Ruth and Naomi arrived in Bethlehem during barley harvest. Having been away for a long time, they likely faced economic hardship because they did not have any farm to harvest. Ruth recognized their hardship and determined to do what she could to alleviate the condition. With the approval of her mother-in-law, she decided to go gleaning (i.e., picking grains leftover from regular harvesting) in any farm that would accept her. She was accepted at the first farm she applied, which happened to belong to Boaz, a close relative of Naomi’s husband. Boaz did not only welcome her in his farm but also offered her protection and preferential gleaning access, because of her humility, politeness, positive work habbit (diligence and persistent effort), and his prior knowledge of her positive interactions with Naomi.
This is the second of a two-part study from the genealogy of Jesus, to examine the lives of a number of individuals that would have been considered unsuitable based on ordinary standards of current society. Because God selected each of them to be part of the lineage of Christ, we can draw lessons from their lives regarding his purpose for human interactions and relationships. We select four persons—Perez, Boaz, Obed, and Solomon—because the bible provides additional information to enable an understanding of their lives and, potentially, their inclusion in the genealogy. We discussed Perez and Boaz in Part 1. This session looks at Obed and Solomon.
PEREZ, SON OF JUDAH We learned in Part 1 that Perez was a fulfillment of God’s blessing for Judah that was passed to him from Abraham through Isaac and Jacob. Furthermore, Judah earned blessing by offering to sacrifice himself for his junior brother Benjamin. We noted he may have also incurred punishment later for marrying a Canaanite or going to bed with a woman he thought was a prostitute that turned out to be his daughter-in-law. However, any punishment he incurred had no effect on his blessing. The blessing was fulfilled in Perez, a grandfather along the lineage of Christ.
BOAZ, SON OF SALMON AND RAHAB Also, we learned that Boaz was a fulfillment of God’s blessing for Rahab, the prostitute that harbored two Israeli spies in Jericho. Rahab earned blessing because she feared God and protected people she believed were on a mission for him notwithstanding their mission included spying on her people. Any punishment she incurred for prostitution had no effect on her blessing. The blessing was fulfilled in Boaz, a grandfather along the lineage of Christ.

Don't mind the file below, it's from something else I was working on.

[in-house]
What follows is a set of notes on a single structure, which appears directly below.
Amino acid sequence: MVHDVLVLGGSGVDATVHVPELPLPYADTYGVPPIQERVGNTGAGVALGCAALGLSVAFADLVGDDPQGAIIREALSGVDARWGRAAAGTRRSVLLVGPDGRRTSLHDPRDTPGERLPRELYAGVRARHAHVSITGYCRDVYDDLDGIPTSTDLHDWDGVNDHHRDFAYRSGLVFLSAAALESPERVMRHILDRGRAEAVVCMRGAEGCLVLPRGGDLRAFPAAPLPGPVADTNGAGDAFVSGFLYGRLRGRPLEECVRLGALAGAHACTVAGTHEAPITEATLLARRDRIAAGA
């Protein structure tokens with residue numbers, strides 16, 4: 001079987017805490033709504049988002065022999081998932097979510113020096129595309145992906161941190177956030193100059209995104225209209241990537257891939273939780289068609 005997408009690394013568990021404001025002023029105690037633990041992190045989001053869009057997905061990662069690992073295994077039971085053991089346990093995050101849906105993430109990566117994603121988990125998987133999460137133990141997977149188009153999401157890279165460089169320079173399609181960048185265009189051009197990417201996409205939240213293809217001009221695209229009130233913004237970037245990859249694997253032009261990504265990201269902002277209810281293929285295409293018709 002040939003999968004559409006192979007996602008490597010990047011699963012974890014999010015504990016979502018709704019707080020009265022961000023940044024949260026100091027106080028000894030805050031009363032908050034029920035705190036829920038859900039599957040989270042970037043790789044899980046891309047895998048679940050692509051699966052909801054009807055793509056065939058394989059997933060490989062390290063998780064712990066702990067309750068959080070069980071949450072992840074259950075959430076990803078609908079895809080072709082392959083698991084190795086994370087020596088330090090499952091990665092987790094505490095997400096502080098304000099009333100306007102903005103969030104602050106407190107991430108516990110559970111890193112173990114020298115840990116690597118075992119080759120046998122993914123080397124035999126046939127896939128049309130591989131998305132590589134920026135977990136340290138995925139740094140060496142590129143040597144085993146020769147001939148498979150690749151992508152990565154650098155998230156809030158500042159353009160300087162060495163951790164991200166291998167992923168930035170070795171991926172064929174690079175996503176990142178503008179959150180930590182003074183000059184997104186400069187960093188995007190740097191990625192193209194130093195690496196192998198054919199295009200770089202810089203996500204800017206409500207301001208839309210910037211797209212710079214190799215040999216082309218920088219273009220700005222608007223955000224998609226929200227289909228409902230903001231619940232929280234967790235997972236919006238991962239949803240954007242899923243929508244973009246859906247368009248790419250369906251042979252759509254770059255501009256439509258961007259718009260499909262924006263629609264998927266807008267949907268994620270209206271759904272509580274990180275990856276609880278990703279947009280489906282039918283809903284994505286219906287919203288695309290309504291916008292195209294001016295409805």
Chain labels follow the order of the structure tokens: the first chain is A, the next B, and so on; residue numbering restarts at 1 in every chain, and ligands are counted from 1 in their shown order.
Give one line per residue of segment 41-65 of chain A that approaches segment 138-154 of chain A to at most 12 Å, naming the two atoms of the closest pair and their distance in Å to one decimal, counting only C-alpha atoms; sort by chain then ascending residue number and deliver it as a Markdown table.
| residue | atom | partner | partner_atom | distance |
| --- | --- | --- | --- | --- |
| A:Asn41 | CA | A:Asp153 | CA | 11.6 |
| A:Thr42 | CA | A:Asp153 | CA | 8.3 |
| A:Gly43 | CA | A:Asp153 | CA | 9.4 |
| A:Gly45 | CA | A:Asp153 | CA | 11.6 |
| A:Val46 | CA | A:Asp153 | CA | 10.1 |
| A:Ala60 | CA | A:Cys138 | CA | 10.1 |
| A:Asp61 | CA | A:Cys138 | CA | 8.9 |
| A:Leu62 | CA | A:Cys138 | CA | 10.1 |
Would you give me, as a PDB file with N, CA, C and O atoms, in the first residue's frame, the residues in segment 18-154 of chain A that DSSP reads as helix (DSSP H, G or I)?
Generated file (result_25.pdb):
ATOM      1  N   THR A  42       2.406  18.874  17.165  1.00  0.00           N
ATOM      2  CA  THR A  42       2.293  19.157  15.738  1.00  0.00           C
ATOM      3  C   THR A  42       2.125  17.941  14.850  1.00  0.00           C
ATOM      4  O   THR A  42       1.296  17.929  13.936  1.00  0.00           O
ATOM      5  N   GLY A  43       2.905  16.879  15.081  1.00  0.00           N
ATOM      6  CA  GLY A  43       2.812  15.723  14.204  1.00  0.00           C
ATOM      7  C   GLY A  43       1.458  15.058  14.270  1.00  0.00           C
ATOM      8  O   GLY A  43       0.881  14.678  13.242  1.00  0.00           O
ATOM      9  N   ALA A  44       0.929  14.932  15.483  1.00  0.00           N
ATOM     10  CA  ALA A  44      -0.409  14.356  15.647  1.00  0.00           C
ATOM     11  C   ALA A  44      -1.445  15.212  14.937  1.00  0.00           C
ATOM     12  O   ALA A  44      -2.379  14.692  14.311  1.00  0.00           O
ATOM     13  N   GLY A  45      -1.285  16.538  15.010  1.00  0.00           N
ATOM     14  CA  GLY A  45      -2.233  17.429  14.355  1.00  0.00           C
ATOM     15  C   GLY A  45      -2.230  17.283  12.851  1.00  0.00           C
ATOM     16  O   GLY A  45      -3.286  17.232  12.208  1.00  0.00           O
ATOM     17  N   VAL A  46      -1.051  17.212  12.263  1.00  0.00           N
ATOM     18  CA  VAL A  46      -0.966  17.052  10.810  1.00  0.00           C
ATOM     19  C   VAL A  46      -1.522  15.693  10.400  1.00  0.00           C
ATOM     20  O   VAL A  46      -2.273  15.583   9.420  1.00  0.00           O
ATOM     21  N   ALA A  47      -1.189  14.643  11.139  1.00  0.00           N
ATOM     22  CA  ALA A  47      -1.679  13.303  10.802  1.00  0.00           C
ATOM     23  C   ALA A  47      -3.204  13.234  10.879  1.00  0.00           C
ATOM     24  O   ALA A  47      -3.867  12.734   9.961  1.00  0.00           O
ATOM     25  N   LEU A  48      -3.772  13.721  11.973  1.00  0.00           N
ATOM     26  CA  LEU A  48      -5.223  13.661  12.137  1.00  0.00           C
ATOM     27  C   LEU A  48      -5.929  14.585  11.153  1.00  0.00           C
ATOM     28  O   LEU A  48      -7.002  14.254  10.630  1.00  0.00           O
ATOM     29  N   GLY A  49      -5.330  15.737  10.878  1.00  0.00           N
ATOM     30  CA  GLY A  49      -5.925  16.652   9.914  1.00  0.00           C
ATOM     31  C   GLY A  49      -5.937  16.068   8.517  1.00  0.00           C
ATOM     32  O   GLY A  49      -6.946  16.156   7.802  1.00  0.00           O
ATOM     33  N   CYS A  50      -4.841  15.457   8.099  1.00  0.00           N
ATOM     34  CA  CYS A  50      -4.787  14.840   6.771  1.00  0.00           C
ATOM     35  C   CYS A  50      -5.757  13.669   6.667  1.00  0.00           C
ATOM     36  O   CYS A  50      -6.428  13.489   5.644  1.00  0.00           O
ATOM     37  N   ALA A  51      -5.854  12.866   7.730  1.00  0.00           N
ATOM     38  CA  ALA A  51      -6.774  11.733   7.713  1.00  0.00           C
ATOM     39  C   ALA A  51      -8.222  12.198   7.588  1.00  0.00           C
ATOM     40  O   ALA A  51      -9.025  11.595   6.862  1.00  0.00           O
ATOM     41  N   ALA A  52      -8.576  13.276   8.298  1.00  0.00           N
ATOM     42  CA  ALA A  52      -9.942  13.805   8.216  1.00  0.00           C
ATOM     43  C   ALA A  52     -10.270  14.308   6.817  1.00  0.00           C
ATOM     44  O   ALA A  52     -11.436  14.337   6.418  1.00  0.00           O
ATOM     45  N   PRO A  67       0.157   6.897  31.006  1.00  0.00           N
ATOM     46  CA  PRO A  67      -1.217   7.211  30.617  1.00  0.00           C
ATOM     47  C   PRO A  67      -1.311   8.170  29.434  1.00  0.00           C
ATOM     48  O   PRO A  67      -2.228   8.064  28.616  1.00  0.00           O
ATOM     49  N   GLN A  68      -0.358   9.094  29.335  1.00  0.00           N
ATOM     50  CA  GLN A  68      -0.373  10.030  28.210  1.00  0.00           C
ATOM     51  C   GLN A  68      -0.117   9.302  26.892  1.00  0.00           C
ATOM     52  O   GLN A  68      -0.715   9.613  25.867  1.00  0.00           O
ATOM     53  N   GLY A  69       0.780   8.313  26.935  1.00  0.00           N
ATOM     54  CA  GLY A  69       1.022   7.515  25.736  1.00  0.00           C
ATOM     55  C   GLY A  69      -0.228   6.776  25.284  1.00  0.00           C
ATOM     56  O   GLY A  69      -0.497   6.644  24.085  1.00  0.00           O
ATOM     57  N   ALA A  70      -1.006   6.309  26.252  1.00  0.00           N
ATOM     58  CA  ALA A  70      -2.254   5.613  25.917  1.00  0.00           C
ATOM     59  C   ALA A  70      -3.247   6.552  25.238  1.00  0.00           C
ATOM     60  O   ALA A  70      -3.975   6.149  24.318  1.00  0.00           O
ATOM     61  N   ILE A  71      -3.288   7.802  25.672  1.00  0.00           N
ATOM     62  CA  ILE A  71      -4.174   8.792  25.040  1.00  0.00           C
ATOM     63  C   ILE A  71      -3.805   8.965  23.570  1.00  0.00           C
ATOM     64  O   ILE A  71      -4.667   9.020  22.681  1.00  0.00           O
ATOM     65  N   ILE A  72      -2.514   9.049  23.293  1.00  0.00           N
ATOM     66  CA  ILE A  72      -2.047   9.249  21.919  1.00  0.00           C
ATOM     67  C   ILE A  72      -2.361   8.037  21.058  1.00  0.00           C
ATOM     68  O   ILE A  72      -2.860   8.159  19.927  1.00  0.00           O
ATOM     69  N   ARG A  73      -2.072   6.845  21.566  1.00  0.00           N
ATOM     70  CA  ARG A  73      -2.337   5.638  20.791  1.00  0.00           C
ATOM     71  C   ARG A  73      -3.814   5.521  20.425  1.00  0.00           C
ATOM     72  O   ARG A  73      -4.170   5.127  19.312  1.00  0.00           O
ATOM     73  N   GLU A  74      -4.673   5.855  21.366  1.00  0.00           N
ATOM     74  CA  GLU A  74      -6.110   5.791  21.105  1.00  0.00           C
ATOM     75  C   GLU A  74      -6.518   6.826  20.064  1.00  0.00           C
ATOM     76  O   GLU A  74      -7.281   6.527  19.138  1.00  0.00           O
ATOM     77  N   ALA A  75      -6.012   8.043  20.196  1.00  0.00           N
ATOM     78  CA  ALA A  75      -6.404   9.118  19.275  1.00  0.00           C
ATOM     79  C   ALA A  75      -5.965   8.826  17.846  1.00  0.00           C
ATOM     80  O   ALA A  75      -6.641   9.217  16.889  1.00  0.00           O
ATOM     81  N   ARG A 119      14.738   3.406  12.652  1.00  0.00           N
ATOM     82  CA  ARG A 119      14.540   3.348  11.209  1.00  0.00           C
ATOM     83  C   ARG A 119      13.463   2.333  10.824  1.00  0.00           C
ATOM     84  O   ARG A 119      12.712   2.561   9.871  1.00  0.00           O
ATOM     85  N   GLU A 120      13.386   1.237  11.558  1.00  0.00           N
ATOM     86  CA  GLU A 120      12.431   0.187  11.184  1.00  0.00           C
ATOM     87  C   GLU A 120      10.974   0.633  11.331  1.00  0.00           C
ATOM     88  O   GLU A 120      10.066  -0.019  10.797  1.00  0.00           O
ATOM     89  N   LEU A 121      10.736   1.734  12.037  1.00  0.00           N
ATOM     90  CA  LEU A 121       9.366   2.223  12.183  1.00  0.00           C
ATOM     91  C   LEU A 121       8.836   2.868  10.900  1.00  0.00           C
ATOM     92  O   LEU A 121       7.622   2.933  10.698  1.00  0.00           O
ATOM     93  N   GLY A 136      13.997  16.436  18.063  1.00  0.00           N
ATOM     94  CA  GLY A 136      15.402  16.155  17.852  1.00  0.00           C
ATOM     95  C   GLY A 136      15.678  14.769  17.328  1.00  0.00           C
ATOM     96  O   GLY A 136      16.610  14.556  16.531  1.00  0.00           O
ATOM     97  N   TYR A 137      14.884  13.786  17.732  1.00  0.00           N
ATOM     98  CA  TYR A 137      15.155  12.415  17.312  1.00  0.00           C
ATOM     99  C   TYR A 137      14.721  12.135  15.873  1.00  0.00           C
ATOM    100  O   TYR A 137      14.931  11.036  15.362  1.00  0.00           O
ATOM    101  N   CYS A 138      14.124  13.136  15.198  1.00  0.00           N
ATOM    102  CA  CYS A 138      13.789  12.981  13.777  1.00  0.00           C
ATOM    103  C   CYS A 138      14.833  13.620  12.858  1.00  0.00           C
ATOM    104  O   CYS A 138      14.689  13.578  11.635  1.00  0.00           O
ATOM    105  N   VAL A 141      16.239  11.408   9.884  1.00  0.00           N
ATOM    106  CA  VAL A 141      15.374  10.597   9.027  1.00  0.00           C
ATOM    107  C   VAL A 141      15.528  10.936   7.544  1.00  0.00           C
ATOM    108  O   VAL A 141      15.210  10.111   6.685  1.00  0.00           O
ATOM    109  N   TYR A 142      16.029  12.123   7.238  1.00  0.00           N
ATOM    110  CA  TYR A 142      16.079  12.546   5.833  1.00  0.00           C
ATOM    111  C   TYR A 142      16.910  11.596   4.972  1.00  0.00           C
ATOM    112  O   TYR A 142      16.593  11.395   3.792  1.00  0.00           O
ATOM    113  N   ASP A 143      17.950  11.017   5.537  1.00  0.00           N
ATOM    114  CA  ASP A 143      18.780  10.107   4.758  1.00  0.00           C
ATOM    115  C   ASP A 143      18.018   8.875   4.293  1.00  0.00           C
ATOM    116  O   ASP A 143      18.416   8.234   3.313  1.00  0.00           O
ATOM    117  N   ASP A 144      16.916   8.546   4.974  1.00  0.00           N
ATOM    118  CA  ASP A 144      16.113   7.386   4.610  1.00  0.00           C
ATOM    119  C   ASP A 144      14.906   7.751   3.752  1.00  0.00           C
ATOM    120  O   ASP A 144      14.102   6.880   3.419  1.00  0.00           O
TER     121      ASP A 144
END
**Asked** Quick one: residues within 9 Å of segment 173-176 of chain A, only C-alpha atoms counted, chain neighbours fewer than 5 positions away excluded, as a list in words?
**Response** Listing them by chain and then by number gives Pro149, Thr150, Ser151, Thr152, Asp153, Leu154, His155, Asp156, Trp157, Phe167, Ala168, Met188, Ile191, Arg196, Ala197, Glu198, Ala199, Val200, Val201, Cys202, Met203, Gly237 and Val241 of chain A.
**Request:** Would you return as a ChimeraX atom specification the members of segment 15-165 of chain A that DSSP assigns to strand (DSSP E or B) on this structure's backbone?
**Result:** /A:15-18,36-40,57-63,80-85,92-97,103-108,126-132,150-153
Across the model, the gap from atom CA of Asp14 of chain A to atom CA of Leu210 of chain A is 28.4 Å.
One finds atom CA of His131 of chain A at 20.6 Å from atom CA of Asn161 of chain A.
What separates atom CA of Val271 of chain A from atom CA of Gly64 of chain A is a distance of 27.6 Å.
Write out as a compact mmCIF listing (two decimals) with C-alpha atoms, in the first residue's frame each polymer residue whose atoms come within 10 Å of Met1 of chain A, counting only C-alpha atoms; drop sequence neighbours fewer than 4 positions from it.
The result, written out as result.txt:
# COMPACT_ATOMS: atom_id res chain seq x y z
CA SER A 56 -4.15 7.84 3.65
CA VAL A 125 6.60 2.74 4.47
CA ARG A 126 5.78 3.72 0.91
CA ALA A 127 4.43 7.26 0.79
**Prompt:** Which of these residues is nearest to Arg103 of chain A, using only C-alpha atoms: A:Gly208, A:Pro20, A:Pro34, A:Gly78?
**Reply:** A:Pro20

TWO-PART STUDY From the genealogy of Jesus, we examine the lives of a number of individuals who would have been considered unsuitable based on ordinary standards of current society, yet God granted each of them the special favor of being identified as a grandfather along the lineage of our Lord Jesus. We select four persons for the study—Perez, Boaz, Obed, and Solomon—because the bible provides additional information to enable an understanding of their lives. We discuss Perez and Boaz in this session. Obed and Solomon will be discussed in Part 2 of the study.
EARNED BLESSING AND INCURRED PUNISHMENTWe learn based on the study that one can earn blessings even if he/she has previously incurred punishment. Earned blessing and incurred punishment are parallel promises from God. An earned blessing remains effective until fulfilled, irrespective of any other occurrence in the person’s life. Similarly, incurred punishment would remain effective until fulfilled, unless forgiven upon true repentance by the sinner. In any case, incurred punishment does not prevent earning blessing; it does offset, and is not offset by, earned blessing.
GOD DOES NOT NEED PERFECTION Therefore, a person does not need to be perfect to find favor with God. One could earn blessings or experience fulfillment of earned blessings even with incurred punishment in his/her past. The examples in this study provide evidence that all are invited to seek opportunities for blessing. Imperfection does not present insurmountable obstacle against earning blessing.